Purpose: To compare preoperative and postoperative changes in simulated night driving performance after wavefront-guided (wLASIK) and conventional LASIK (cLASIK) for the treatment of moderate myopia.
Design: Retrospective, comparative study.
Participants: All eyes of subjects with a preoperative manifest spherical equivalent (MSE) between -4.50 and -6.00 who underwent night driving simulator (NDS) testing from 2 clinical trials were entered into the study. This comprised 38 cLASIK patients (62 eyes; mean -5.46 diopters [D] MSE) and 21 wLASIK patients (36 eyes, mean -5.20 D MSE).
Methods: Patients' records were reviewed from 2 LASIK clinical trials that had similar enrollment criteria. One trial treated patients with conventional LASIK using a bladed microkeratome (cLASIK) and the other treated with a wavefront-guided profile using a femtosecond laser (wLASIK). In both trials, patients with moderate myopia were asked to participate in NDS testing.
Main outcome measures: The detection and identification distances of road hazards were measured with and without a glare source before and 6 months after LASIK. Each eye was tested independently in best-corrected trial frames by a masked operator.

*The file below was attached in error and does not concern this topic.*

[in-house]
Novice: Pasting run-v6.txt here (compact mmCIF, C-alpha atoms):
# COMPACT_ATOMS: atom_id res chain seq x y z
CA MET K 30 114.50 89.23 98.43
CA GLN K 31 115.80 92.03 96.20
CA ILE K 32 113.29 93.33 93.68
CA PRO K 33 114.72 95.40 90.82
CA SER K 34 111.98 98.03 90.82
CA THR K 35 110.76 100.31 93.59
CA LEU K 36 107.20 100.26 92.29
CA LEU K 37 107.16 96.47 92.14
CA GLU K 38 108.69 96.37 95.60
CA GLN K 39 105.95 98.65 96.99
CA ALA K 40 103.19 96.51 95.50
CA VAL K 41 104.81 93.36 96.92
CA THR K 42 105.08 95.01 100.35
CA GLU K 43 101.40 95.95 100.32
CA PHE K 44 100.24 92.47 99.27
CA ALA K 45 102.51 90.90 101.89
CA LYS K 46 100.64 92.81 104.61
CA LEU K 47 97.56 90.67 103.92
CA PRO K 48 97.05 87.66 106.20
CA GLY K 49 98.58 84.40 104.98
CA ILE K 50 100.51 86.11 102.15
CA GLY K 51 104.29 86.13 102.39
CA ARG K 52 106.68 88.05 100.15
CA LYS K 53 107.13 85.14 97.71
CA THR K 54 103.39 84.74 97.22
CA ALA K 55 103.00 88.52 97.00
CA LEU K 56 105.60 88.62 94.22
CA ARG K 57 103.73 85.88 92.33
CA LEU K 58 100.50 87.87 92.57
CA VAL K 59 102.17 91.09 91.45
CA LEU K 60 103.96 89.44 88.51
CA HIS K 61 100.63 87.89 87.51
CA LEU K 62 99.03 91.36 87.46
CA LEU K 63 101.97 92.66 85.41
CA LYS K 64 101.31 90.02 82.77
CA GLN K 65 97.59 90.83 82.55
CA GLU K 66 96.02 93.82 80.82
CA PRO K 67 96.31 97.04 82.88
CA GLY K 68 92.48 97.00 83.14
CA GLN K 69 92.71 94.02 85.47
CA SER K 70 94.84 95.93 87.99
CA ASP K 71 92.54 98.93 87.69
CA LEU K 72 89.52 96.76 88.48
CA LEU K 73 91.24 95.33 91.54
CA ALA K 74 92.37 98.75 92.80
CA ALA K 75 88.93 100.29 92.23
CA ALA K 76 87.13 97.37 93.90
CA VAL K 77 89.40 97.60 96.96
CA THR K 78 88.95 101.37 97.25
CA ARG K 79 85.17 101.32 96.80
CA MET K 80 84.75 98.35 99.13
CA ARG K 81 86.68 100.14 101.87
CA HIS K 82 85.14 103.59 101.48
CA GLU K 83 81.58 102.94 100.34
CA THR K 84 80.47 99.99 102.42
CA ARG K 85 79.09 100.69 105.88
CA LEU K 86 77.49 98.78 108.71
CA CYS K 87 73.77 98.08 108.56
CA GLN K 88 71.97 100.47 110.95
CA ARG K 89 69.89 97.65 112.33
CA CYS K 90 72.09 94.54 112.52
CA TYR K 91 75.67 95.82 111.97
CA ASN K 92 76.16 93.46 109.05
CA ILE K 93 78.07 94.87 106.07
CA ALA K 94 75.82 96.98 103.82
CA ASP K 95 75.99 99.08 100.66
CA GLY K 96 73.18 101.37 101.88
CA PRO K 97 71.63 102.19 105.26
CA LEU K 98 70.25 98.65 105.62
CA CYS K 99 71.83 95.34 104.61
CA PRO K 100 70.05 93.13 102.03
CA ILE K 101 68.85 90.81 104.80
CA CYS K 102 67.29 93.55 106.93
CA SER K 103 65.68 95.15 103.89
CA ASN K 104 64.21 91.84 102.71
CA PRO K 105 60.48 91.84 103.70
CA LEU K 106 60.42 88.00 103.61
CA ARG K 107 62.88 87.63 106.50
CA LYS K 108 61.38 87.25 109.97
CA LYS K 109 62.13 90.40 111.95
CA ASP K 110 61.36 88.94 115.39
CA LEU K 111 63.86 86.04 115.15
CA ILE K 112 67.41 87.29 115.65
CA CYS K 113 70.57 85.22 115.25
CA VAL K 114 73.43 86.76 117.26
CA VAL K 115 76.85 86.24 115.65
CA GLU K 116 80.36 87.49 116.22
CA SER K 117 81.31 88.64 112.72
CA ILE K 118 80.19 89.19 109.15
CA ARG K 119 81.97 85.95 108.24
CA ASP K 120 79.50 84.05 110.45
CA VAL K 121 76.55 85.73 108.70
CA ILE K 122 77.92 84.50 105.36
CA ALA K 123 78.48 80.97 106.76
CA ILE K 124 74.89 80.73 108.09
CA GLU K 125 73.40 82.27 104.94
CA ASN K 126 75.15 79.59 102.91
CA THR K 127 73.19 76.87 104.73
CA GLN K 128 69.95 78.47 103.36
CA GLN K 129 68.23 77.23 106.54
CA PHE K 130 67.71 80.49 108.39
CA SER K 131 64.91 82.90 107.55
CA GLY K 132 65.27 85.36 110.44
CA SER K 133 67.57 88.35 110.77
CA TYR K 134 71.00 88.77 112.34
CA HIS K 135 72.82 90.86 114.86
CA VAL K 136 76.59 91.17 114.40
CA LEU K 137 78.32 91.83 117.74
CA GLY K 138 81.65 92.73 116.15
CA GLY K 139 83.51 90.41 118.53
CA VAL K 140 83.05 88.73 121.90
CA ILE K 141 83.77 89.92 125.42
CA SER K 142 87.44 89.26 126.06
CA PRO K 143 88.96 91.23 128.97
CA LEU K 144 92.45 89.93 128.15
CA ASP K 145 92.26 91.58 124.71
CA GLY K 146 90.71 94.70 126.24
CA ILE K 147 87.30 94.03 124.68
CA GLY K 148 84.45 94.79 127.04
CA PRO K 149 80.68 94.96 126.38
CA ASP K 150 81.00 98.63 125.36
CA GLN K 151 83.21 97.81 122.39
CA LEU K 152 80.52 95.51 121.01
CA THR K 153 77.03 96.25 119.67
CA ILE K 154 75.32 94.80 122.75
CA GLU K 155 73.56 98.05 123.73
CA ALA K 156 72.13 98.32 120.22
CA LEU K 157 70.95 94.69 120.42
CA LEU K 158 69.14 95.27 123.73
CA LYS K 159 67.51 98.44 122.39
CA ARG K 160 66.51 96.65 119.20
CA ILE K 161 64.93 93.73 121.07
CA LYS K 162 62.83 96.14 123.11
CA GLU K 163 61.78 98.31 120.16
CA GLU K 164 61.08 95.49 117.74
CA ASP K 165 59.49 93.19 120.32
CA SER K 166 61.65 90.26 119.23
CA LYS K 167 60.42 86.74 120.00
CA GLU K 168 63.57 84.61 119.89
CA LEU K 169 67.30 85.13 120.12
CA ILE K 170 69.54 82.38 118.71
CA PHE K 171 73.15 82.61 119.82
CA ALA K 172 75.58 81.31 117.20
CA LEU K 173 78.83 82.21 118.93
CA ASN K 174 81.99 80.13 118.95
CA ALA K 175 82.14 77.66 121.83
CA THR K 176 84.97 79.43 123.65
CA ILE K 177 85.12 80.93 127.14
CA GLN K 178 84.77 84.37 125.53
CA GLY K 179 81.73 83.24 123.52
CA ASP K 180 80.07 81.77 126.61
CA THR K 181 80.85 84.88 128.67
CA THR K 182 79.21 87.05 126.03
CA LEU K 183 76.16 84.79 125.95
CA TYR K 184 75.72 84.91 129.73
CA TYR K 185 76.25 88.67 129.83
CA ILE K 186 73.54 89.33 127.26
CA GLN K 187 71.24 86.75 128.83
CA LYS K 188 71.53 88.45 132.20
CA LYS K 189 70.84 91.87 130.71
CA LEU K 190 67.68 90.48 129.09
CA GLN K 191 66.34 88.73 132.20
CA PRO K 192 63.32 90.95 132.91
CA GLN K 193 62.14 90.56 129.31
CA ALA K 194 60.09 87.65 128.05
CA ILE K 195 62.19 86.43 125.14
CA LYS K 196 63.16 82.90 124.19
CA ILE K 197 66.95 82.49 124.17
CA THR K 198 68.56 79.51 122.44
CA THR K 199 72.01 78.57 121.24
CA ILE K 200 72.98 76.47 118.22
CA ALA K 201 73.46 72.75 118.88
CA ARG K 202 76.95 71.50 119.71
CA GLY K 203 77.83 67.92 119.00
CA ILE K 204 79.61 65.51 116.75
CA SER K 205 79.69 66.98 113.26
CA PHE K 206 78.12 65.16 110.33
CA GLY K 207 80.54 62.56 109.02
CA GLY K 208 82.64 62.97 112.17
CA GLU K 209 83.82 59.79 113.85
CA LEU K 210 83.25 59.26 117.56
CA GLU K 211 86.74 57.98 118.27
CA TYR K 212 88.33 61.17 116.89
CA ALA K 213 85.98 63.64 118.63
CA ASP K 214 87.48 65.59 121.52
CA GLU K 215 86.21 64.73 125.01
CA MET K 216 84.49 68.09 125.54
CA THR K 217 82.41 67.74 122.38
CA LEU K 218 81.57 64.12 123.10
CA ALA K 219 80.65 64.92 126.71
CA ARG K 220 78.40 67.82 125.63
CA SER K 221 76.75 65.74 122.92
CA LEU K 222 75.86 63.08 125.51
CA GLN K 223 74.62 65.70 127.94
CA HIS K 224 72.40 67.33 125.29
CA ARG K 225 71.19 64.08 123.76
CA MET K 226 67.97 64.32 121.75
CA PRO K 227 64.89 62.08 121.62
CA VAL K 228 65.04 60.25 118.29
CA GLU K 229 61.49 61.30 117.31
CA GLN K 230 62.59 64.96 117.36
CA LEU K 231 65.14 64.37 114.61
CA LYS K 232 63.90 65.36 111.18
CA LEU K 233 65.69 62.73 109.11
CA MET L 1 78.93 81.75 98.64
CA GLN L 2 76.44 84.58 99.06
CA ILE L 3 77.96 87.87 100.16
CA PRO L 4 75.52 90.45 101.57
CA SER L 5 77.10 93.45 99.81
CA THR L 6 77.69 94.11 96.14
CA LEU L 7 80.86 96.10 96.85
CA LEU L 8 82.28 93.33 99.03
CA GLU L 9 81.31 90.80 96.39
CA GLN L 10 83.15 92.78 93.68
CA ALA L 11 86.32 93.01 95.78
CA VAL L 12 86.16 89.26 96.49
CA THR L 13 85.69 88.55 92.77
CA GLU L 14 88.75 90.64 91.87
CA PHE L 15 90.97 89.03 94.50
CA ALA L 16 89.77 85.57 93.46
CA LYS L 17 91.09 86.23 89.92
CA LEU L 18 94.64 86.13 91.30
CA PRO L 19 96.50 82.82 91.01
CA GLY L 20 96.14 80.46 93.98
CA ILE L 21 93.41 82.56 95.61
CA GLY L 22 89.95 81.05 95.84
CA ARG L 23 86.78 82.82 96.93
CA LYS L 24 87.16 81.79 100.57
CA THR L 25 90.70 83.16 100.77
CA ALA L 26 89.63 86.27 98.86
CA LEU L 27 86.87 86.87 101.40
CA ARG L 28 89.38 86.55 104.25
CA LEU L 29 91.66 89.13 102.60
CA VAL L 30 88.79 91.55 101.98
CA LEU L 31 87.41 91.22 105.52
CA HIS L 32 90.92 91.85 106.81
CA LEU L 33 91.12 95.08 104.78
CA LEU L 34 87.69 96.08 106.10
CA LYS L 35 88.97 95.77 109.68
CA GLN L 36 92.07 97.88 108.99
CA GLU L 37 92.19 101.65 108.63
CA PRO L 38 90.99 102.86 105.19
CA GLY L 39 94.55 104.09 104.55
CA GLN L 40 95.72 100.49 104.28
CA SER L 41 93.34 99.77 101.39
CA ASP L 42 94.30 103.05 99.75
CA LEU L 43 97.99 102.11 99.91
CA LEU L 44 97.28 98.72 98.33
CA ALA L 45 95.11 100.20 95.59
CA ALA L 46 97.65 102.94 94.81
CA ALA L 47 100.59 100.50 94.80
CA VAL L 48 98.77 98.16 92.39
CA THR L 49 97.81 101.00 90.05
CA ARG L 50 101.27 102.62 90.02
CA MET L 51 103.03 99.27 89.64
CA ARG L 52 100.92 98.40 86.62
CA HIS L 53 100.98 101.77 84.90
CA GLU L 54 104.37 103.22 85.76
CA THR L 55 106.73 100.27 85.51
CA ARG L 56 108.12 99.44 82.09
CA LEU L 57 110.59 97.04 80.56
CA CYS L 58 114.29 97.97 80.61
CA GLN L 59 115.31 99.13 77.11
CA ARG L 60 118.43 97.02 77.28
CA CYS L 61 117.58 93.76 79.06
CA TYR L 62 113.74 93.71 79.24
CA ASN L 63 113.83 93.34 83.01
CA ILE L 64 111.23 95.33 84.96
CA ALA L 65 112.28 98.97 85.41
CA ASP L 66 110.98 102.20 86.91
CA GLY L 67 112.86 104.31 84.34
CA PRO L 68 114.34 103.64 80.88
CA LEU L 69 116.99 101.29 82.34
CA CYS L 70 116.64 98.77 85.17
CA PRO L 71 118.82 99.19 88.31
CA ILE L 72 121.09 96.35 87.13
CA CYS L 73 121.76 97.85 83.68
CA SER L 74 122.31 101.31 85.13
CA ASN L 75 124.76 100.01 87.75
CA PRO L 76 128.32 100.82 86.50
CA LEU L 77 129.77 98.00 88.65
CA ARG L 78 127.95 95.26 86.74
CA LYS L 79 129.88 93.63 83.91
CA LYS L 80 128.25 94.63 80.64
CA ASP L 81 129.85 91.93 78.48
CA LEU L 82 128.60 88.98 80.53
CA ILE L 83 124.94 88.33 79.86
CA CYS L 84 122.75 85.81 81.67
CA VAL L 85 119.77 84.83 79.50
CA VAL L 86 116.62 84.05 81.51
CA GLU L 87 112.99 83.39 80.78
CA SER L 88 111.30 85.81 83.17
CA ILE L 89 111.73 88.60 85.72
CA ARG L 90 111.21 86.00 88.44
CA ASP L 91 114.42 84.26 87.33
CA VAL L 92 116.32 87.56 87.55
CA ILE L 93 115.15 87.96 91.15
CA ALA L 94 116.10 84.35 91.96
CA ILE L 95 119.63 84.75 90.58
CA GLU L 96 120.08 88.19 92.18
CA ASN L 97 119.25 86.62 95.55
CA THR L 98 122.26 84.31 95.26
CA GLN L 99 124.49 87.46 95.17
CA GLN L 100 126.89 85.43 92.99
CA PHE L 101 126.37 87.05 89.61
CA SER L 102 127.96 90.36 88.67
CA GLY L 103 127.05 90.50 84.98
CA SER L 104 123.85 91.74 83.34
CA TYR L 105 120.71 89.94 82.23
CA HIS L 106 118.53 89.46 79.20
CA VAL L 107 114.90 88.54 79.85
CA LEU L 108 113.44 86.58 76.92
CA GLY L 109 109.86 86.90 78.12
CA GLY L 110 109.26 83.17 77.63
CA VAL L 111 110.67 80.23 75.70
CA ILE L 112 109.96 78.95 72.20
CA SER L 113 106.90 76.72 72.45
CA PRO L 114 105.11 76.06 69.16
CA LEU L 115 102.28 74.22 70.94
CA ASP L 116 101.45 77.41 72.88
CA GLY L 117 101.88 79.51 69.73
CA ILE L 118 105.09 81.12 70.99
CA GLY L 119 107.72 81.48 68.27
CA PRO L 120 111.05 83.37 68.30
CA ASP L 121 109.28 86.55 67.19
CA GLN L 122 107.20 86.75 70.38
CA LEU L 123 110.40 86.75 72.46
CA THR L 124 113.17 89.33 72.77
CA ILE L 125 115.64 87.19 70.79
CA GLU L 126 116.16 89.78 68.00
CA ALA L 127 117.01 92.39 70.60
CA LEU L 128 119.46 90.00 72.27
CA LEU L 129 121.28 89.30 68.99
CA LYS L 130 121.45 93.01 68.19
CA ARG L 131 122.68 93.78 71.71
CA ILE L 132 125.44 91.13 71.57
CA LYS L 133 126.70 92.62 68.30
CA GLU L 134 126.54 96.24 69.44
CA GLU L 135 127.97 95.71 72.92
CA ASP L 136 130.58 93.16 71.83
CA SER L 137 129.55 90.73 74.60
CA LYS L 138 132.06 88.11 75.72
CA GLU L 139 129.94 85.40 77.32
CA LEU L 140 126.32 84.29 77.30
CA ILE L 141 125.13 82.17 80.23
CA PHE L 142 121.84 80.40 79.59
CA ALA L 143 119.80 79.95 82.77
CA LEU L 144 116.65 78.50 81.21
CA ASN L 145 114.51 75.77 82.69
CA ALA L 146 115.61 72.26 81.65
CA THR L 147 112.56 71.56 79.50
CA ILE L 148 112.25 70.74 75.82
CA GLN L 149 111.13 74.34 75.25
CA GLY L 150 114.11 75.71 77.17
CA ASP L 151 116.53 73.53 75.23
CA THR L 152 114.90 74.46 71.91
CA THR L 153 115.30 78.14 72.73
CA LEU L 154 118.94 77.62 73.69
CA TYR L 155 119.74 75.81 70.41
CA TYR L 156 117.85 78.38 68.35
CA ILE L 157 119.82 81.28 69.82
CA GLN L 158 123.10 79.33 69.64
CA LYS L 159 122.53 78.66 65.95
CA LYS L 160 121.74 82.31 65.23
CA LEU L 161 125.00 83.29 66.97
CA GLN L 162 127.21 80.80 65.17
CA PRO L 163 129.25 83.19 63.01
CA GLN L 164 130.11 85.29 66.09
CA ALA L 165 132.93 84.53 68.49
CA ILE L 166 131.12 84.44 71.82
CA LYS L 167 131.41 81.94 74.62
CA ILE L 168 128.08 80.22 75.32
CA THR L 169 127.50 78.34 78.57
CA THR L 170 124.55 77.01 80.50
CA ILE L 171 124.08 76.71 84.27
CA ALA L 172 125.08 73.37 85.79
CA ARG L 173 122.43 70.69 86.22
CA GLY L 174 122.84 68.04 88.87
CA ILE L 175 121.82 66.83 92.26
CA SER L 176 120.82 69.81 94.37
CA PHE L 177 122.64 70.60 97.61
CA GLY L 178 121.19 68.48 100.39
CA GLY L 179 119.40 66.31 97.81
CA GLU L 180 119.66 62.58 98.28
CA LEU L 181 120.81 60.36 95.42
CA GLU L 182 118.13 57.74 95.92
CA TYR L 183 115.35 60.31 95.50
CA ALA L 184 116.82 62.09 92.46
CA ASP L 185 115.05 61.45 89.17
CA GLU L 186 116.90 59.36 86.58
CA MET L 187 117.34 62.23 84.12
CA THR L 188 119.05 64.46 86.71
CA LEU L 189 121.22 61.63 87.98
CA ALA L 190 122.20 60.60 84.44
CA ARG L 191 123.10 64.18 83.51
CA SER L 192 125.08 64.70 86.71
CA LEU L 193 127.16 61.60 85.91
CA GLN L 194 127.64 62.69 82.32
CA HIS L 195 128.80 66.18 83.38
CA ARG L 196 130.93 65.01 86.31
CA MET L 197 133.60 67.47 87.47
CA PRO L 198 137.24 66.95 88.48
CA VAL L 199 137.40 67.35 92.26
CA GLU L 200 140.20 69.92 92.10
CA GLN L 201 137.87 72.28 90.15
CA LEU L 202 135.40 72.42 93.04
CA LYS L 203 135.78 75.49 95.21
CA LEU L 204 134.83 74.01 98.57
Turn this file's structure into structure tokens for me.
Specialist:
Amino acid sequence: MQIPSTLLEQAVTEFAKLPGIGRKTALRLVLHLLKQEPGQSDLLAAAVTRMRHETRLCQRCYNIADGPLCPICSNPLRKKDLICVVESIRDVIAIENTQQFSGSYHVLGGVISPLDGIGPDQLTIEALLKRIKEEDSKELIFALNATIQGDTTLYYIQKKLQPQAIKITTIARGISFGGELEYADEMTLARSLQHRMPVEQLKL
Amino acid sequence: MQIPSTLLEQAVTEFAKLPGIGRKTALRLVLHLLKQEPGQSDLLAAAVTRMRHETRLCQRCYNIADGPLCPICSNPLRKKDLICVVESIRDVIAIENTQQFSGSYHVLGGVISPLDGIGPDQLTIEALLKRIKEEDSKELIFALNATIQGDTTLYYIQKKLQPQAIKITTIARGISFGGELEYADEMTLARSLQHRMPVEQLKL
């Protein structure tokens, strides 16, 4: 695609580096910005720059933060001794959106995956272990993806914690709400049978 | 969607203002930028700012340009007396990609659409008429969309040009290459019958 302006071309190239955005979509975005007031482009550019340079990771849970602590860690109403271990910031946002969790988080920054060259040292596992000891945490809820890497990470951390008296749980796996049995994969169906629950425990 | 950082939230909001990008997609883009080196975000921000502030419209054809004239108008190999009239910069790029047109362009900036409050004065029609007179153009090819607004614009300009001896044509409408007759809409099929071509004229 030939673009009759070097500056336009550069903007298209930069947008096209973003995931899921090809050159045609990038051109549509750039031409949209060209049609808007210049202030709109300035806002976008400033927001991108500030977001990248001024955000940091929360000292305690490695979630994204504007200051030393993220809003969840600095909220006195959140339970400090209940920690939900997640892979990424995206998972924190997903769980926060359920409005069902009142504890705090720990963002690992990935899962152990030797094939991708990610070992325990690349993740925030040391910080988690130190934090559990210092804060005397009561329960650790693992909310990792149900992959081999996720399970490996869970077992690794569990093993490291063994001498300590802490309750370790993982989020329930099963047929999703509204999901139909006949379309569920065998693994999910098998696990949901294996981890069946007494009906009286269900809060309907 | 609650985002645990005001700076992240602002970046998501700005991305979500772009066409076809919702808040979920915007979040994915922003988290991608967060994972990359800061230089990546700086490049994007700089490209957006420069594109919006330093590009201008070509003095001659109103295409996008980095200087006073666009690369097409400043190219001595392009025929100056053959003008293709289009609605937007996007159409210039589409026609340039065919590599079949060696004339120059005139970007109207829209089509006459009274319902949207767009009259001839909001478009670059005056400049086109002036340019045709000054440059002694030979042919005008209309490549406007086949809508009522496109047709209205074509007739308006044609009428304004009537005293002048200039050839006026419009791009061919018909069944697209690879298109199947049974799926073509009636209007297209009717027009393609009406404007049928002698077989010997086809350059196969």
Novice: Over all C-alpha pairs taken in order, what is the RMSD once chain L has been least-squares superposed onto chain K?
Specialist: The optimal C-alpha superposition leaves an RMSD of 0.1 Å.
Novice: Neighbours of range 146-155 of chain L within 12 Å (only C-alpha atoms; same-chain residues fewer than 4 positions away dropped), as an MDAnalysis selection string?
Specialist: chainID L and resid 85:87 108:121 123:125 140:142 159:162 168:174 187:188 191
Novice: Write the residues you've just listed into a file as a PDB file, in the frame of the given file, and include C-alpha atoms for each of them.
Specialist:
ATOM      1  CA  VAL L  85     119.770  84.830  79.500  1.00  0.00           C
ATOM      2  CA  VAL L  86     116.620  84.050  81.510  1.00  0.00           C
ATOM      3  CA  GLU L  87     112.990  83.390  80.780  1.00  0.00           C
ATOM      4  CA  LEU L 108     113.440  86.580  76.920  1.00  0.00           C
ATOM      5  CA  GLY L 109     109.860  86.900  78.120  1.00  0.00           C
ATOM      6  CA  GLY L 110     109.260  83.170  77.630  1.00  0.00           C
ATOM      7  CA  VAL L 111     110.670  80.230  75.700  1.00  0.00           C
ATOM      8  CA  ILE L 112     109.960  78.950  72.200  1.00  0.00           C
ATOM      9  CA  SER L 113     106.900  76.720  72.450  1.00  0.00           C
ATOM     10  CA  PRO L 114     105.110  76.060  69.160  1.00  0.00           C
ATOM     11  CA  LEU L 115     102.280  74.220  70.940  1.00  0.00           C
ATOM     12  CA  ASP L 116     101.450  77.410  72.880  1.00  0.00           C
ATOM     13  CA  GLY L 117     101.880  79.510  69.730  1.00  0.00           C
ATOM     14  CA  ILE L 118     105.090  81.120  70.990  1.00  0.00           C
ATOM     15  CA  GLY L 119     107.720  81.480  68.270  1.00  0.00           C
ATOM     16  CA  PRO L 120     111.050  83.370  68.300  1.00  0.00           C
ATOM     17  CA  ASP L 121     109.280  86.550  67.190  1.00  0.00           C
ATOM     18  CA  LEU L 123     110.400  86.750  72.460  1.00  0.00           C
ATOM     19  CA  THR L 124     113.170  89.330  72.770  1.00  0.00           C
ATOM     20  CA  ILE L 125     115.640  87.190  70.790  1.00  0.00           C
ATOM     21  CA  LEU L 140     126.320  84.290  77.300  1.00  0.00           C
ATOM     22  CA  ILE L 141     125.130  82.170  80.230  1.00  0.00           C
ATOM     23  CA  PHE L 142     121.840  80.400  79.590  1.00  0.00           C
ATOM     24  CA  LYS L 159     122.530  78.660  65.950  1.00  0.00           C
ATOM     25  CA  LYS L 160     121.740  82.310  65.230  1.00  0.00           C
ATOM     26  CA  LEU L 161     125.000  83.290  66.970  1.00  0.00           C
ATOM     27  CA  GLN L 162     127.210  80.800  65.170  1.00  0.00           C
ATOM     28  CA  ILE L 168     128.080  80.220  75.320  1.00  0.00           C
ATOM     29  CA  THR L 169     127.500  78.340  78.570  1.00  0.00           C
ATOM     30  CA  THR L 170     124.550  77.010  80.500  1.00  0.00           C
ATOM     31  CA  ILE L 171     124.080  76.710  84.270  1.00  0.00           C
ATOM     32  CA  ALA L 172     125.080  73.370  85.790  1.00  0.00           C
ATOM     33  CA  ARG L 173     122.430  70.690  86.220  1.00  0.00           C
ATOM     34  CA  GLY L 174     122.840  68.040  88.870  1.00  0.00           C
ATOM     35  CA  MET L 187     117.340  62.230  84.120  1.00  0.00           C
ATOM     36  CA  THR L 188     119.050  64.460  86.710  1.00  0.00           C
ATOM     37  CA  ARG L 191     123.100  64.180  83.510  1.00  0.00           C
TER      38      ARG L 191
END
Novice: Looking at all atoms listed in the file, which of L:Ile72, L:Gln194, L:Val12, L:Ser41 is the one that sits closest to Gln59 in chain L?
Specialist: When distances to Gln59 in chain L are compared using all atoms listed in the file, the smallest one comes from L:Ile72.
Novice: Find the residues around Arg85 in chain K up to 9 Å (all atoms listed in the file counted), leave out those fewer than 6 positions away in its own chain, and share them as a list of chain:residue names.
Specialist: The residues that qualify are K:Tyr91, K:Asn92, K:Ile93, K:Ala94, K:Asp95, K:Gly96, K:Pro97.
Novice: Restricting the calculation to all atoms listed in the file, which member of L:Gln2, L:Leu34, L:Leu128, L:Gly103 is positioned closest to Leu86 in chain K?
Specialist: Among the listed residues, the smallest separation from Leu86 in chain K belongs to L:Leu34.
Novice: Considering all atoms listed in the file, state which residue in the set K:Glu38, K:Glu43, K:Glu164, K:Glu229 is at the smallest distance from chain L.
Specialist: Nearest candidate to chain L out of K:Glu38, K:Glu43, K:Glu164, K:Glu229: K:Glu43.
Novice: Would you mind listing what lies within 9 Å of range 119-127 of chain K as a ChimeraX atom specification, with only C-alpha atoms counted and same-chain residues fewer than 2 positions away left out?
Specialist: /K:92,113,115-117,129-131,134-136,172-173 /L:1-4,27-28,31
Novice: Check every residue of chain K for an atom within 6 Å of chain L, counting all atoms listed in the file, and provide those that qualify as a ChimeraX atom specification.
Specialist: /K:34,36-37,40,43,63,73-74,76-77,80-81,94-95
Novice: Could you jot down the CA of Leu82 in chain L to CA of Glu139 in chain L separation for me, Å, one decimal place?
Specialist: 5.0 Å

Results: In every category, there was a mean reduction in the preoperative to postoperative NDS performance after cLASIK (mean change, -21.3 to -27.9 ft, -6.5 to -8.5 m; 95% confidence interval [CI], -12.0 to -41.3 ft, -3.7 to -12.6 m); there was a corresponding mean improvement after wLASIK (mean change +15.0 to +29.1 ft, +4.6 to +8.9 m; 95% CI, +8.3 to +41.5 ft, +2.5 to +12.6 m). Significant differences between cLASIK and wLASIK NDS performance was observed in every category (P<0.;01, Tukey's honest significant difference for unequal numbers). A clinical relevant loss of NDS performance (>0.5 seconds) was observed in 32% to 38% of cLASIK eyes for all tasks, whereas only 0% to 3% of eyes had this loss after wLASIK. Between 2% and 7% of cLASIK eyes and 11% and 31% of eyes had a significant postoperative improvement in NDS performance in every task.
Conclusions: Wavefront-guided LASIK to correct myopia combined with a femtosecond laser flap significantly improved mean night driving visual performance and was significantly better than cLASIK using a mechanical keratome.